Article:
Life & work
Somewhere 20 years ago, Poland started out as a hub for rule-based processes and owes much of its present success to those early days, but the introduction of innovation was inevitable in every BPO or SSC centre. Standing in a dead spot while other businesses caught up with their onshore locations was out of the question. The much needed improvement often came from within and set the trends that are sometimes followed to this day. What were these and how did they influence the landscape of Polish BPO units?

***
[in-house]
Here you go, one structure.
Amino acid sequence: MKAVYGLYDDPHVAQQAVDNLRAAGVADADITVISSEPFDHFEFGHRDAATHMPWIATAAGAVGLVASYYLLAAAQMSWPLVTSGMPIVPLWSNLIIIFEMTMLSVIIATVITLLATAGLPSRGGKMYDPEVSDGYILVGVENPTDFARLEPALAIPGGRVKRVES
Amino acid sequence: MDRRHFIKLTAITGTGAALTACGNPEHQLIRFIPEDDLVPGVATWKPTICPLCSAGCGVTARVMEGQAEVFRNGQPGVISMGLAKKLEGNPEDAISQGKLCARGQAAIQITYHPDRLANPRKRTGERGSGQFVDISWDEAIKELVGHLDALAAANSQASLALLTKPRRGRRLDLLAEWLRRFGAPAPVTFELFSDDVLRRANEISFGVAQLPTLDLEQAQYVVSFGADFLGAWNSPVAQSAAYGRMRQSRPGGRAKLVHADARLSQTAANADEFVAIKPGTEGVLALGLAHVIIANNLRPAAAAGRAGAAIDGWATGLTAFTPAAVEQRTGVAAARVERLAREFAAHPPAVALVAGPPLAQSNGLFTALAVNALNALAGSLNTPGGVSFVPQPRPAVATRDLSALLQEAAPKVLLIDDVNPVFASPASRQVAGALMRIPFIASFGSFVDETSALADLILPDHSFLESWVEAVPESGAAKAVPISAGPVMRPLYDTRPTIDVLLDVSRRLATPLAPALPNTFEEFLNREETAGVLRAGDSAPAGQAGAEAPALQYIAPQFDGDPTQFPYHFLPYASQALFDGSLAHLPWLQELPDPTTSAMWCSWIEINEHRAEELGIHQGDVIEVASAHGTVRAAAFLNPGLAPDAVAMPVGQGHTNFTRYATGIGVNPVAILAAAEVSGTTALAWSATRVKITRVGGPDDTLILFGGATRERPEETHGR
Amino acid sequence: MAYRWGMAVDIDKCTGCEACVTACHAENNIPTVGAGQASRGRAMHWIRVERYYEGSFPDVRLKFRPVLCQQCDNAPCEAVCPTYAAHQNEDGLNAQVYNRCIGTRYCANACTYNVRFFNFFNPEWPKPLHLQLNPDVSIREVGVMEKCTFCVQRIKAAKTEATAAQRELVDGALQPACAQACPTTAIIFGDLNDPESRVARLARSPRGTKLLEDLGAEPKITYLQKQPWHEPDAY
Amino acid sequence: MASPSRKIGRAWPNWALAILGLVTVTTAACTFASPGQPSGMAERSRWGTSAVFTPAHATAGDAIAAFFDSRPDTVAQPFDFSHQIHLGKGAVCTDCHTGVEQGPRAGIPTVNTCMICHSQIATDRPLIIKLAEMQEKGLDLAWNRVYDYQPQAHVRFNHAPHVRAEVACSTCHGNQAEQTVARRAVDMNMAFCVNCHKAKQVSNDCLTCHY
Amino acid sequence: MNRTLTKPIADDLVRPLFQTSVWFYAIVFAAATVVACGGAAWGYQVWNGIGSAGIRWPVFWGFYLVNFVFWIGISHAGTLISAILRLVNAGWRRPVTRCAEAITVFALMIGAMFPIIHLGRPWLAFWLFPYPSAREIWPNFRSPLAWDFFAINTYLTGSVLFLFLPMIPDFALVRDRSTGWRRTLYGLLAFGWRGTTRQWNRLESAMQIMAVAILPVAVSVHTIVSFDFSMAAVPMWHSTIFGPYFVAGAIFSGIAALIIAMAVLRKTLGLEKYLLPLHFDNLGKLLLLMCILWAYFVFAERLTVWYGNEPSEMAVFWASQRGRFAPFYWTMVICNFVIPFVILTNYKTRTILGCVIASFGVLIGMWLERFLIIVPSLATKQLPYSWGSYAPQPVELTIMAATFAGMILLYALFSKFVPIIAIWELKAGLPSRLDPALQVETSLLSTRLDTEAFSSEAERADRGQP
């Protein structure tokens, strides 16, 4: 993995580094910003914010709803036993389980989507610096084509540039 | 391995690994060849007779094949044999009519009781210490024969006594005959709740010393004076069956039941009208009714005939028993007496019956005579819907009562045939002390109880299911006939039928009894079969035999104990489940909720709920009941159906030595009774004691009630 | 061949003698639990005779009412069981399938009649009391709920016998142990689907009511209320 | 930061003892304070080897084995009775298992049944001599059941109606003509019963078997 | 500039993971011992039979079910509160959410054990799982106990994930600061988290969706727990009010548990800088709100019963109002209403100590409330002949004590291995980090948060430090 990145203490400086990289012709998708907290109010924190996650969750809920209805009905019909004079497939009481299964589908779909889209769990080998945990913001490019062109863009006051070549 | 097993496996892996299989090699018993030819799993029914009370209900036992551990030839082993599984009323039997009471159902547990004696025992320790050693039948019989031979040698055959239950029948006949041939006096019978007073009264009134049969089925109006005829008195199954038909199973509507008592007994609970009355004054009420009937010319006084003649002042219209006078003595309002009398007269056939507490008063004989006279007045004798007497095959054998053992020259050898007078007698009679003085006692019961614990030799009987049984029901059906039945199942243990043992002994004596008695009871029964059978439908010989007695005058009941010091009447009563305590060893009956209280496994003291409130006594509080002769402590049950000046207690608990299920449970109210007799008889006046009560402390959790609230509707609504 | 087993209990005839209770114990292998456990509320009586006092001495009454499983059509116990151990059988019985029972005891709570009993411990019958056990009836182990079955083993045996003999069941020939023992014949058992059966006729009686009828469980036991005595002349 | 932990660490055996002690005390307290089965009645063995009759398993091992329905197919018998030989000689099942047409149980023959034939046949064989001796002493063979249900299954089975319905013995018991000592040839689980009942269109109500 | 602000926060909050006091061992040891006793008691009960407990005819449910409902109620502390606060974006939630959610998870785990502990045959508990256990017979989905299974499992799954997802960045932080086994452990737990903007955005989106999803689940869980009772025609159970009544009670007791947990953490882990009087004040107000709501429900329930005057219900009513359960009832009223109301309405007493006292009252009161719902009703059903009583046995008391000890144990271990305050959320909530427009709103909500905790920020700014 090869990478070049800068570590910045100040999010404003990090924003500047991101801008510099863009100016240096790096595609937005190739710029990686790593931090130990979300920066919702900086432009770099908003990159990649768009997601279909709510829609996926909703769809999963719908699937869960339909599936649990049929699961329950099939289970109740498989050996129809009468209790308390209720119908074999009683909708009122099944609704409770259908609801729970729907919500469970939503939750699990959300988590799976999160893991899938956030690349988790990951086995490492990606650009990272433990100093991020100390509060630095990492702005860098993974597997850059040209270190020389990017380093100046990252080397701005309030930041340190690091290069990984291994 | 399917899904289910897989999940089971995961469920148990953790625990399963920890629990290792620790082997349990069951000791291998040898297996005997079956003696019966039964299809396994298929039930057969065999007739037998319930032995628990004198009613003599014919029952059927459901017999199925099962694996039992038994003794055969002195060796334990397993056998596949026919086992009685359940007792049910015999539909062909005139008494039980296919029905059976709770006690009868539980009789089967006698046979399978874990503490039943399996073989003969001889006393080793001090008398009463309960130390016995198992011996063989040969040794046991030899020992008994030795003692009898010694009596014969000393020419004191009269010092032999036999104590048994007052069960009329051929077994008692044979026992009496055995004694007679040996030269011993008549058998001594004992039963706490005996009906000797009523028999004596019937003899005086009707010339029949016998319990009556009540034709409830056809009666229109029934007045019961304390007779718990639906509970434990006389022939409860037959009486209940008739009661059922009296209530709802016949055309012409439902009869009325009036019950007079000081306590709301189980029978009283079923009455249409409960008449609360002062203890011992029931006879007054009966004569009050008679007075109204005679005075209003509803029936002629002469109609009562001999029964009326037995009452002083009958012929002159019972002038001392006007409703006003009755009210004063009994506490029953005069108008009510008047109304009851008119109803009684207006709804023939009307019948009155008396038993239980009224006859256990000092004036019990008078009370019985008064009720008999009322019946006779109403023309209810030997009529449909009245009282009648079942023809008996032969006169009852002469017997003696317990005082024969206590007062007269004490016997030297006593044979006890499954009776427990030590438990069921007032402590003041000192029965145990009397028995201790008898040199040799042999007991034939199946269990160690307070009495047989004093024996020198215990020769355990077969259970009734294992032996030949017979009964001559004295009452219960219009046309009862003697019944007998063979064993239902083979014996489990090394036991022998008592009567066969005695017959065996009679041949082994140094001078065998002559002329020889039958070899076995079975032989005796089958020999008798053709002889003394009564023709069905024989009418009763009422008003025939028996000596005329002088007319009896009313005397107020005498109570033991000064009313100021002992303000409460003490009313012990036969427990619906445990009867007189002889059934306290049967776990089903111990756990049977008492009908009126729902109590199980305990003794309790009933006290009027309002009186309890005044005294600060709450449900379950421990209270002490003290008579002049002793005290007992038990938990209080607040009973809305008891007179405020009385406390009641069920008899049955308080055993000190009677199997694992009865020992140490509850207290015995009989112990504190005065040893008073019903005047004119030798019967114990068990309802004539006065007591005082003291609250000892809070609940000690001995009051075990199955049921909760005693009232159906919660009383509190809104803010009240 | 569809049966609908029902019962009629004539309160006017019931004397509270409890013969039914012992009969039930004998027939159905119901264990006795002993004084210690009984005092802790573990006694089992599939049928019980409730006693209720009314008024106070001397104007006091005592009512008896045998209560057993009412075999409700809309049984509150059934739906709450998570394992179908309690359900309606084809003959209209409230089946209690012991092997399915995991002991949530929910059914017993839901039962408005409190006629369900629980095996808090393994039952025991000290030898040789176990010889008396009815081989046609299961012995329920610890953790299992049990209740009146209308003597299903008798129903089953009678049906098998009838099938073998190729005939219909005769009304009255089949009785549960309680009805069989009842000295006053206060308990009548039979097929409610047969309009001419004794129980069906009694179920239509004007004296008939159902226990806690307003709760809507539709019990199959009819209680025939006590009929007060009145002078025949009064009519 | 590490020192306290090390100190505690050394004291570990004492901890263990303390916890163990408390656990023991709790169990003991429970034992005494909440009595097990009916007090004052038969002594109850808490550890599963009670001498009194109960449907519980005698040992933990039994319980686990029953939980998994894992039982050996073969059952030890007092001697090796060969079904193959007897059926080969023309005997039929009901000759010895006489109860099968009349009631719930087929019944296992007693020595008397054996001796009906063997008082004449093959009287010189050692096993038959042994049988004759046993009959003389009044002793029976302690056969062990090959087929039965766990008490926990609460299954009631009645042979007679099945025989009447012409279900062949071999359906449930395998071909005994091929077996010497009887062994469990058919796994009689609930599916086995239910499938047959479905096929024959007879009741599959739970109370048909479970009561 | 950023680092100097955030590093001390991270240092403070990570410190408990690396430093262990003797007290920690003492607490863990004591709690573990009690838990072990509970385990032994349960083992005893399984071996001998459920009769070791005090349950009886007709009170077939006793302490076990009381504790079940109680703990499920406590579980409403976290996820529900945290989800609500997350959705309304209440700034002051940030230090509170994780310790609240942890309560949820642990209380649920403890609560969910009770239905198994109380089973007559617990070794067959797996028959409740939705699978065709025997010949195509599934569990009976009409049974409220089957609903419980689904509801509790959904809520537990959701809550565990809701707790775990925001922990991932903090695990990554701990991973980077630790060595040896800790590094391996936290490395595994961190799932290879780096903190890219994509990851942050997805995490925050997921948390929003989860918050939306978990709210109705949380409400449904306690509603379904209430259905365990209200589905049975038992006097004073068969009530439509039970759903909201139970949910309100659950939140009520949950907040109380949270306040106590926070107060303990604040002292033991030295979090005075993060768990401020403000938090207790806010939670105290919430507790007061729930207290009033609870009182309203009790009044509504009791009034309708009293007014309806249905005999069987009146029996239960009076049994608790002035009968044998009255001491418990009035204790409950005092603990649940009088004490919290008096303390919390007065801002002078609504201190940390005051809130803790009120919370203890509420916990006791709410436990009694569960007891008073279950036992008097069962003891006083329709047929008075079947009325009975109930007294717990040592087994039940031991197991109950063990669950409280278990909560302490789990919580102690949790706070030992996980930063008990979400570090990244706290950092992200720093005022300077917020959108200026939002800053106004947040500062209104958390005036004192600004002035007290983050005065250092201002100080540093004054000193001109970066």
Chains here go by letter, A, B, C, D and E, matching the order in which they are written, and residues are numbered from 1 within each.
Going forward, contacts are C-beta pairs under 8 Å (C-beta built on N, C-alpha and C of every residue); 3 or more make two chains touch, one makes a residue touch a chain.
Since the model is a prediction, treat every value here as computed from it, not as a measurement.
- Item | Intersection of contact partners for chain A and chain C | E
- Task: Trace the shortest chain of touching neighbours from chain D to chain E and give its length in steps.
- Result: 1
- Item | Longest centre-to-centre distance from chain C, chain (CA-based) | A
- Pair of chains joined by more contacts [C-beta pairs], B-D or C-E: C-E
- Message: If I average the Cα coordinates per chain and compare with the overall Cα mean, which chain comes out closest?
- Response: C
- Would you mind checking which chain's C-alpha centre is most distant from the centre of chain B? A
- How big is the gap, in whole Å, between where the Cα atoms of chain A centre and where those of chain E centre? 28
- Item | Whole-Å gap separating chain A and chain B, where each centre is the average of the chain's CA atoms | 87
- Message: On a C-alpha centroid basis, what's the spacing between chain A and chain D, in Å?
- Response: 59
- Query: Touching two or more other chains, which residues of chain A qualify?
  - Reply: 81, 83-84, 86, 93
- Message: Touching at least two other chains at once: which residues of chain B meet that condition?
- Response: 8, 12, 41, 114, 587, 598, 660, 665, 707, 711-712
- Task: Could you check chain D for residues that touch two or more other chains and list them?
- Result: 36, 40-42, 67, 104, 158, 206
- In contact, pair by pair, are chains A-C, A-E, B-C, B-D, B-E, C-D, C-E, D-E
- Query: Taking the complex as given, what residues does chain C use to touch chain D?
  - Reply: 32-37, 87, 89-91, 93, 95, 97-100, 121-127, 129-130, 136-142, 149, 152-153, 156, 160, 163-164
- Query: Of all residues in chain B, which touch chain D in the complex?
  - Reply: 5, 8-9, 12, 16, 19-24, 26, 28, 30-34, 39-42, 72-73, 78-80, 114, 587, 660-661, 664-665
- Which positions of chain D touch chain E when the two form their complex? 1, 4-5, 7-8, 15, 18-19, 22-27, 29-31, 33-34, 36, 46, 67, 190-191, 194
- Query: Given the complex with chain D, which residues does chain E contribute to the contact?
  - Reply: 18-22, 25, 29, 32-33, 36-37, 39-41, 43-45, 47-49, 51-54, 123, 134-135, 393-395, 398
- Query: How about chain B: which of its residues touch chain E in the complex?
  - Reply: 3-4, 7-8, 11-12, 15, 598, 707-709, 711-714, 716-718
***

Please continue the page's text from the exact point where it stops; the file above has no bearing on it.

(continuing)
Sometimes the simplest solutions are not the best ones. Instead of transferring the most basic processes to other locations which could resemble Poland’s competitive prices and workforce from a few decades back, many investors decided to take a more risky path leading to innovation. Robotic Process Automation (RPA) was the integral part of this strategy. While it did not necessarily mean ushering robots to Polish office spaces, it was indeed a quiet revolution, marked by installing computer programs (the so-called robots) wherever they could prove themselves more useful than employees tired of typing in the same formulas or verifying rudimental rows of data. Given a short period of training and a watchful guidance of a human supervisor, the robots were soon able to successfully tackle repetitive and mundane tasks.